mercredi 28 mars 2012

PhD in Molecular Ecology

PhD in Molecular Ecology: Plant secondary metabolite detoxification by a root herbivore and consequences for tritrophic interactions, Max Planck Institute for Chemical Ecology, Jena, Allemagne

Research background and questions

Specialized root-feeding insects have a strong impact in ecosystem dynamics, plant fitness and crop yield. One major reason why certain root herbivores have become so abundant may be the strong adaptation to their host plants, including a high capacity to overcome root defenses. Yet, the exact strategies that root herbivores employ to become so successful are largely unknown.

One of the best characterized root feeders is Diabrotica virgifera virgifera, a major crop pest in the USA, which has recently been introduced in Europe. The remarkable ecological success of the root herbivore has puzzled scientists until today. One of the reasons why D. virgifera larvae colonizes maize plants so easily is its capacity to tolerate and hijack benzoxazinoid derivatives, a major class of key resistance factors of grasses against insects.

The aim of this PhD will be to investigate the interactions between the root herbivore and the plant from single genes to ecological interactions. The main questions that will be tackled are:

I. What are the typical BXD profiles that D. virgifera encounters in the roots?
II. How does D. virgifera tolerate BXDs?
III. What is the impact of BXDs on natural enemies of D. virgifera?

Selected publications
Robert et al (2012). A Specialist Root Herbivore Hijacks Defensive Metabolites to Locate Nutritious Tissues. Ecology Letters 15(1): 55-64.
Lundgren et al (2009). A multifaceted hemolymph defense against predation in Diabrotica virgifera virgifera larvae. Biocontrol Science and Technology 19(7-8):871-880.

The Institute
The mission of the Max Planck Institute for Chemical Ecology of Jena (Germany) (MPI-CE, http://www/ext/institute.html) is to examine the role of chemical signals that mediate the interactions between plants, animals and their environment. The five departments of the MPI-CE cover a broad range of complementary working areas in chemical ecology, including Bioorganic Chemistry, Biochemistry, Molecular Ecology, Evolutionary Neuroethology, and Entomology. Two independent research groups support the scientists with outstanding and state-of-the-art analytical skills and equipment. Due to its unique combination of disciplines, the MPI-CE is world renowned and has contributed numerous important breakthroughs in plant-insect interactions over the last years.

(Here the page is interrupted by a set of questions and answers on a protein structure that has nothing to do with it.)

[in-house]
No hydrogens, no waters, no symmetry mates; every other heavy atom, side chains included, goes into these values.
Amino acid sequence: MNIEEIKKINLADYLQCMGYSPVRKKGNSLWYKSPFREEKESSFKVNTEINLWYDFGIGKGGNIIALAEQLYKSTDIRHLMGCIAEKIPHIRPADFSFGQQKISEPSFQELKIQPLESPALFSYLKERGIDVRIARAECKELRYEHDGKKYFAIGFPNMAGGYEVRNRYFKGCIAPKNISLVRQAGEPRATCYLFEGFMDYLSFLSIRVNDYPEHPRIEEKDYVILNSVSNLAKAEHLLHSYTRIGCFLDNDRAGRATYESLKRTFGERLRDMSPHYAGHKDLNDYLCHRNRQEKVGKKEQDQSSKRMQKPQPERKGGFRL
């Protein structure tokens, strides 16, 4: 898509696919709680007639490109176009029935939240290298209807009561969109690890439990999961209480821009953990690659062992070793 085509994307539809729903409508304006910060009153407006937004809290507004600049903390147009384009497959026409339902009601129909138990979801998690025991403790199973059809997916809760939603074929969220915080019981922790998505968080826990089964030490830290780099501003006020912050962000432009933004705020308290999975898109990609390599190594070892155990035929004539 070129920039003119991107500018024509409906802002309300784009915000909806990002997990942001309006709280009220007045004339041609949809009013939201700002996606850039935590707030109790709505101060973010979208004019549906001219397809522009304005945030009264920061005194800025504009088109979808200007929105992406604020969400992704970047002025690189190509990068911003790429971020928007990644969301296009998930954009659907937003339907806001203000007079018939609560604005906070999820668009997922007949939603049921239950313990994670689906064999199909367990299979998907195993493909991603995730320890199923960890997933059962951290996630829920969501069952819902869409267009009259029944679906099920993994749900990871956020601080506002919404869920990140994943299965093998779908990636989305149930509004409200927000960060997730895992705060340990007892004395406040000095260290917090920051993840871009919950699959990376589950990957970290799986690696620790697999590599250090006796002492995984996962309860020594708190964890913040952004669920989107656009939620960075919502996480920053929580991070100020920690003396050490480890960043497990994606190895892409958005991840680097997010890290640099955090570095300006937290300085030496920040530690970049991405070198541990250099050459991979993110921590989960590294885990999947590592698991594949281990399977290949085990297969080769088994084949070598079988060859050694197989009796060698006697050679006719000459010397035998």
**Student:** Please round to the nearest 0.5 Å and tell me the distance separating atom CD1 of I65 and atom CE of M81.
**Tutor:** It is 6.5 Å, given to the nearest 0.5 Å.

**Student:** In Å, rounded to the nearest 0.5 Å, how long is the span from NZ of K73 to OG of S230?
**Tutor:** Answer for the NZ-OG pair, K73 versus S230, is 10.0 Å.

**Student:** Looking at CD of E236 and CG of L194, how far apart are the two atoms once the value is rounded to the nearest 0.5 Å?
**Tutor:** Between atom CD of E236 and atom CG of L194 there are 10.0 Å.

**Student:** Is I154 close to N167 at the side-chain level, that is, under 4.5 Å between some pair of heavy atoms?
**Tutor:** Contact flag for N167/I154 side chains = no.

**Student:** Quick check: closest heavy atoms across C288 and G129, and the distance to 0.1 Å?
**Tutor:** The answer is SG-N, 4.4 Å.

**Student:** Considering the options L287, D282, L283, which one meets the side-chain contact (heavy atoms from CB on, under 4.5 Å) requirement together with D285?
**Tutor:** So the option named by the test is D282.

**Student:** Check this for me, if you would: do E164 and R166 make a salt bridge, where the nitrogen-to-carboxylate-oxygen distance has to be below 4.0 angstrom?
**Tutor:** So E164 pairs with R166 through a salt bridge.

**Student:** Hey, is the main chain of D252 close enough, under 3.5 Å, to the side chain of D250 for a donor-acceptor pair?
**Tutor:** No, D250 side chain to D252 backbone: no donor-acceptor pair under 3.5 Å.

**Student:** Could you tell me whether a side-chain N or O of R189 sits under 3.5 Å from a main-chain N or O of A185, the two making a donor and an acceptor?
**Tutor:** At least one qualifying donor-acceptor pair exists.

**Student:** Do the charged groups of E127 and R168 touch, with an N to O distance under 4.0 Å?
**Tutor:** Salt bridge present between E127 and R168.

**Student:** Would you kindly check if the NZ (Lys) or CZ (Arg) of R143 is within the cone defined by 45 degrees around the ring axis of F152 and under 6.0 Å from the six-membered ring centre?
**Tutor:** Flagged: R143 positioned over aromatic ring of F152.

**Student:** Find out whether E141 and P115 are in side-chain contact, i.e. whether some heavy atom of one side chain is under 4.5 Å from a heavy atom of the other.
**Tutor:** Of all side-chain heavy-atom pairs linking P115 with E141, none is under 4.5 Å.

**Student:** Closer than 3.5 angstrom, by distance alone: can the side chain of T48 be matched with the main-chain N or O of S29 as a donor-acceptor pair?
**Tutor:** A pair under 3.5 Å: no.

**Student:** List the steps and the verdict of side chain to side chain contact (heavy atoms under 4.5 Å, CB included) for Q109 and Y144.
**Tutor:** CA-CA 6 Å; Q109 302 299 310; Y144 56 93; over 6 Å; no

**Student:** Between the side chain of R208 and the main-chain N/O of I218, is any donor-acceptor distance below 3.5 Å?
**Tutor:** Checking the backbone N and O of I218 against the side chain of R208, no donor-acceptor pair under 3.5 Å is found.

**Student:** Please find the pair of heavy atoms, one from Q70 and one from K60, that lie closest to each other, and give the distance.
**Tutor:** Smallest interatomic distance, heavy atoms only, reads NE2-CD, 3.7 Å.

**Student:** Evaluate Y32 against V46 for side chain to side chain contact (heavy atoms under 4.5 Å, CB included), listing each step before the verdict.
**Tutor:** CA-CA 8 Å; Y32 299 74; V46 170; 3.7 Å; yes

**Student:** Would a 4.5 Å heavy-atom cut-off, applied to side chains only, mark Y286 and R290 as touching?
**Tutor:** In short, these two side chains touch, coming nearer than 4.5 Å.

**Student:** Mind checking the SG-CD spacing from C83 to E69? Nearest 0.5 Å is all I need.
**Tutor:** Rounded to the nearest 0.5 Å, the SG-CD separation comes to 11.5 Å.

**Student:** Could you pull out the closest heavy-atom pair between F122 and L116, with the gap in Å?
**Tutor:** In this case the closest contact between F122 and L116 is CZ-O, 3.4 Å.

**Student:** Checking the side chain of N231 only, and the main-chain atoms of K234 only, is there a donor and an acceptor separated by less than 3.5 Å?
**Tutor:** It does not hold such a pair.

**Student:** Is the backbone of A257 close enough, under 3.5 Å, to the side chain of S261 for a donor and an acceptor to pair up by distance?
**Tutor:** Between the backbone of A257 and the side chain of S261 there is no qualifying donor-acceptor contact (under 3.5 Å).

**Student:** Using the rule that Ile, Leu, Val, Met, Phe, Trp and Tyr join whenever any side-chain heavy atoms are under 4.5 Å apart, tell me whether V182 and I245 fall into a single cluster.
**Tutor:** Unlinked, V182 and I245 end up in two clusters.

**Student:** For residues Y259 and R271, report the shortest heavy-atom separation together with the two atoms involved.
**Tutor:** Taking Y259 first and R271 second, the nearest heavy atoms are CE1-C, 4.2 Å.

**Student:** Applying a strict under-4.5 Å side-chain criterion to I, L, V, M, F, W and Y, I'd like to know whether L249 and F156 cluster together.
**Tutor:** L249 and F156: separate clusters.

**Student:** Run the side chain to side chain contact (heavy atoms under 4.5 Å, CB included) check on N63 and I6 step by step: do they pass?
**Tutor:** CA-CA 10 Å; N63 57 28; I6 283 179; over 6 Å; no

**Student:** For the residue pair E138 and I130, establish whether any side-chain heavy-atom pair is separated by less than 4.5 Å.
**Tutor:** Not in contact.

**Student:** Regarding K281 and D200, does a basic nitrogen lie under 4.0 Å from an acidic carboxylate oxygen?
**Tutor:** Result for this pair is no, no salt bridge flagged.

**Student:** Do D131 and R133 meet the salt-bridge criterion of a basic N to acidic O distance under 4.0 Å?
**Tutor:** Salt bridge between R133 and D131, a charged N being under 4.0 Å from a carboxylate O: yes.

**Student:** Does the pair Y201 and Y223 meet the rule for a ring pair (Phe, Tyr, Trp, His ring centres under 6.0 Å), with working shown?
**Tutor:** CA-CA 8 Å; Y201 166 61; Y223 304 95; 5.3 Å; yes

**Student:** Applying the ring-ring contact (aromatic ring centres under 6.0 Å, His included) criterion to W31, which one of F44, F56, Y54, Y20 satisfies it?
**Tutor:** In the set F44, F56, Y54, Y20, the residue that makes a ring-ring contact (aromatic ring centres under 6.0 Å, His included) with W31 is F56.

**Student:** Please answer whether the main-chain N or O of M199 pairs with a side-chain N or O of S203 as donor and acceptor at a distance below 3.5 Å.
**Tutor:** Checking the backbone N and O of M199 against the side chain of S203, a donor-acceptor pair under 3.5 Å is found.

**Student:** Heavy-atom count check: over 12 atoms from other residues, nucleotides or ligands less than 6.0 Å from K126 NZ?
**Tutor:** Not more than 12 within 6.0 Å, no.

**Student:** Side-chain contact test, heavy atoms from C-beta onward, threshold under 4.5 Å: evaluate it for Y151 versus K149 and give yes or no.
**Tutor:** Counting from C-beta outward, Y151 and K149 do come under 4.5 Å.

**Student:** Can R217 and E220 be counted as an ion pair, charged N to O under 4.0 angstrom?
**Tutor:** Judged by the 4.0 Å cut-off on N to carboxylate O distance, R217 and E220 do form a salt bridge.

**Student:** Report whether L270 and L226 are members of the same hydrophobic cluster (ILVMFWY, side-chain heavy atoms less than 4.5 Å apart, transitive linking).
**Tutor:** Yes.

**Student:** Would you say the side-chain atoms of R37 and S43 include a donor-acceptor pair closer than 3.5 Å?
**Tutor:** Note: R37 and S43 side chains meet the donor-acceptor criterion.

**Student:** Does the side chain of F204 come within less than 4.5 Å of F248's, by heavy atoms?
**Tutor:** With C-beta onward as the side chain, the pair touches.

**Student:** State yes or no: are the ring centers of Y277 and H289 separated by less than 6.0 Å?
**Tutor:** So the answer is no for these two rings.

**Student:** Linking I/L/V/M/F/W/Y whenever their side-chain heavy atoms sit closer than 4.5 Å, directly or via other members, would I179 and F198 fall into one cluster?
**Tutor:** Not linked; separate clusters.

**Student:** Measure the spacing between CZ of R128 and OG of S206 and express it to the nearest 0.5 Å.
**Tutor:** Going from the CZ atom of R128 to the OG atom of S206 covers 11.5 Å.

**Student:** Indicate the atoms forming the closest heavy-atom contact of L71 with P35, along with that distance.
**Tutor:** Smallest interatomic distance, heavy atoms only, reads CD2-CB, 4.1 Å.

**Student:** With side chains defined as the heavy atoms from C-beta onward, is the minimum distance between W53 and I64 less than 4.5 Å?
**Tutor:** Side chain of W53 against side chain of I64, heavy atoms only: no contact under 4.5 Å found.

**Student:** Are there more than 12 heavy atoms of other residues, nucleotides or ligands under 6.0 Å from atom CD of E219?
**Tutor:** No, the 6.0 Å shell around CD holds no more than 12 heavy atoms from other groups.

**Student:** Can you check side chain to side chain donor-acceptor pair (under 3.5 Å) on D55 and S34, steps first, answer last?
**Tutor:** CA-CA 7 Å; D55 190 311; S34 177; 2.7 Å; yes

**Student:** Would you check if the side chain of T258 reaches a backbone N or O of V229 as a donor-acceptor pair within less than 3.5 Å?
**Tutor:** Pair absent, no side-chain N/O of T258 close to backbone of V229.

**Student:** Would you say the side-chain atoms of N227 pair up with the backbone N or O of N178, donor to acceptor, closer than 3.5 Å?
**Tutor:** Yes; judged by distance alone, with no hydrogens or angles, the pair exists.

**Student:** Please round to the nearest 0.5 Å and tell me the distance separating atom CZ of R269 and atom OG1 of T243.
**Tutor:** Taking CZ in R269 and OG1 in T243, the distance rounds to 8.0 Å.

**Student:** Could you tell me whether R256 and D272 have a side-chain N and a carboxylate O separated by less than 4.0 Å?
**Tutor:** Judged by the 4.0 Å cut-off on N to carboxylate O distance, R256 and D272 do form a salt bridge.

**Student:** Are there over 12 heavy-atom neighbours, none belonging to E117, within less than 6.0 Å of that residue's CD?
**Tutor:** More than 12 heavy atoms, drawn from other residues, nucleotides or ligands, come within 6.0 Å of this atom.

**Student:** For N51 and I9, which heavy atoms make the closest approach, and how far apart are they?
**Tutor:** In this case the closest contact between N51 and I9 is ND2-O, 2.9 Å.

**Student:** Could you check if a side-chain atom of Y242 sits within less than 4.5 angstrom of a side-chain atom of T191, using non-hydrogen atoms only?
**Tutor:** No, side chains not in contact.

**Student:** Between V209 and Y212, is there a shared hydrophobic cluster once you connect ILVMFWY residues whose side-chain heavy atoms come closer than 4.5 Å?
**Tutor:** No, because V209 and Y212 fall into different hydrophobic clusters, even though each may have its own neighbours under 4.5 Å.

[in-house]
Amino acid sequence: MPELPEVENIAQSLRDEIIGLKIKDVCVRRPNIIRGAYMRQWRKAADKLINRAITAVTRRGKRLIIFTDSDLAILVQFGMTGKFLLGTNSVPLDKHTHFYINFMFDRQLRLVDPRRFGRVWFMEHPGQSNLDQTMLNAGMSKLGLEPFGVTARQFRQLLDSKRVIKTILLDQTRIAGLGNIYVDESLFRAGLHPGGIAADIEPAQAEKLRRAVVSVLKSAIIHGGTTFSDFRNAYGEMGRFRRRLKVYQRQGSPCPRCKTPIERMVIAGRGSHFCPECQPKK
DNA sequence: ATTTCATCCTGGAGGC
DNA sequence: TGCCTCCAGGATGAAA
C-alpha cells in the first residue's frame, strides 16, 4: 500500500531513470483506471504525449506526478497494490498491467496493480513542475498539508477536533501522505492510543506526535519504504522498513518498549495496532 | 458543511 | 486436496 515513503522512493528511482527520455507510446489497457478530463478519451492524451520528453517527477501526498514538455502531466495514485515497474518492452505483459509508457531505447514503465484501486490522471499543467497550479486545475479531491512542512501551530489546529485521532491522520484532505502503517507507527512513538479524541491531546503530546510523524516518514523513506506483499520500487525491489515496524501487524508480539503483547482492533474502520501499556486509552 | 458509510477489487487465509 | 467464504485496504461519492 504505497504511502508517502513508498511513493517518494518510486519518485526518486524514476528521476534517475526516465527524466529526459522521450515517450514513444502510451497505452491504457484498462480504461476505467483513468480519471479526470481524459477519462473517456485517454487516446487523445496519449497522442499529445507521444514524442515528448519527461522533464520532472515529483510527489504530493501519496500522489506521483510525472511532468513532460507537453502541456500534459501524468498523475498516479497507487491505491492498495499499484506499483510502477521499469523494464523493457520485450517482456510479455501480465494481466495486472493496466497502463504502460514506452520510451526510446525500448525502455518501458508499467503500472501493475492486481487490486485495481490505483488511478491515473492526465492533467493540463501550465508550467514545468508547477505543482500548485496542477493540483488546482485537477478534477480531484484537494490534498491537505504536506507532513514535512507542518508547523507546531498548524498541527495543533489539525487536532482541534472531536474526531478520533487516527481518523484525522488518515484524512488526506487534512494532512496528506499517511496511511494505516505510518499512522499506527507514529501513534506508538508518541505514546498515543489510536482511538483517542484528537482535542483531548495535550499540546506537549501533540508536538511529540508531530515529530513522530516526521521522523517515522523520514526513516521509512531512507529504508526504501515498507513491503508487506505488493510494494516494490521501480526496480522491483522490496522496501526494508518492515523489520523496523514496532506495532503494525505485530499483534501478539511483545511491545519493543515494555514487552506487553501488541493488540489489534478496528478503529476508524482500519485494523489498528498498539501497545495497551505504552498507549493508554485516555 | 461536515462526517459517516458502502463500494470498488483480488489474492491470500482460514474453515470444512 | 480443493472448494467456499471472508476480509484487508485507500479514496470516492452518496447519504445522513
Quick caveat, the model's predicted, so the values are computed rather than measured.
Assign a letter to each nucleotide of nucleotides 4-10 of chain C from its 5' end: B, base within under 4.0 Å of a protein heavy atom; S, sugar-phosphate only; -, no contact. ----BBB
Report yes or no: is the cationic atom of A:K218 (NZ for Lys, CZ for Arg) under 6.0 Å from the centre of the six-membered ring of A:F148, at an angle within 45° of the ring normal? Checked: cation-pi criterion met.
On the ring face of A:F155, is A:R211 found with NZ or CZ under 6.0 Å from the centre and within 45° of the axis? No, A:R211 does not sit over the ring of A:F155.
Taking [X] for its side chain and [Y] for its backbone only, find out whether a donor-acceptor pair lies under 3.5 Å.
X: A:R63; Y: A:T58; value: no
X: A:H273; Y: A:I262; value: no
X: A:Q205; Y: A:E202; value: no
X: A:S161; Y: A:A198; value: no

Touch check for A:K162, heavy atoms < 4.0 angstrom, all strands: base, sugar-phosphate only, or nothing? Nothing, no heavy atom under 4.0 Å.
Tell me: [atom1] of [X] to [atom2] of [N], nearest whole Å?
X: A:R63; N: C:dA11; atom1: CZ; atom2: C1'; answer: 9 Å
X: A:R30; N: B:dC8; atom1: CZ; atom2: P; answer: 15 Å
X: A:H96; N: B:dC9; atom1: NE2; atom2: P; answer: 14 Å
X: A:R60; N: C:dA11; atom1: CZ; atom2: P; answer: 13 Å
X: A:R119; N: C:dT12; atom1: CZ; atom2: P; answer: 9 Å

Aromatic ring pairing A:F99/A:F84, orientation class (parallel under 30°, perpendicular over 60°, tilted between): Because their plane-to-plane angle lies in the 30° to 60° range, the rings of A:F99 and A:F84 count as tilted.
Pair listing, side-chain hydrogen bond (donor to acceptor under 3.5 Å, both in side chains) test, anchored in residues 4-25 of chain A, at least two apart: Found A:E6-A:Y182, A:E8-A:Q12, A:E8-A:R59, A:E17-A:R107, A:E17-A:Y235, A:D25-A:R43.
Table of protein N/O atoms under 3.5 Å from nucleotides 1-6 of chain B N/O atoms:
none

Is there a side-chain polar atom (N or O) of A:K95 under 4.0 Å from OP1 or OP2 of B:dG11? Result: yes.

Research group
The research will be conducted in Root-Herbivore Interactions group, lead by Dr. Matthias Erb in the Department of Biochemistry of Prof. Jonathan Gershenzon. The Biochemistry Department has considerable expertise in the biochemistry and molecular biology of herbivore detoxification processes. The department produced more than 200 publications until now, including a series of important papers on the detoxification of plant secondary metabolites by insects. Within the department of Biochemistry, the Root-Herbivore Interactions group focuses on factors mediating root-herbivore interactions. The group is dynamic and offers an outstanding environment to develop research skills and scientific networks.

The working language at the MPI-CE is English. German courses can also be provided for interested workers. Furthermore, as people working at the MPI come from all around the world, it is not rare to hear French, Spanish, Russian and even Chinese and Japanese around.

Applicants should have a master degree in a relevant discipline (ie. Biochemistry, Molecular Biology, Ecology or Ethology), a strong interest in interdisciplinary work and be fluent in English.

Please send your CV, a cover letter as well as a short proposal describing how the candidate would tackle the 3 main questions of the PhD to Dr. Christelle A.M. Robert (address below). It is also possible to add some questions that might be of interest in that context.

Dr. Christelle A.M. Robert,
Dept. of Biochemistry,
Max Planck Institute for Chemical Ecology,
Hans-Knoell Str. 8
07745 Jena
Tel. +49 3641 57 1334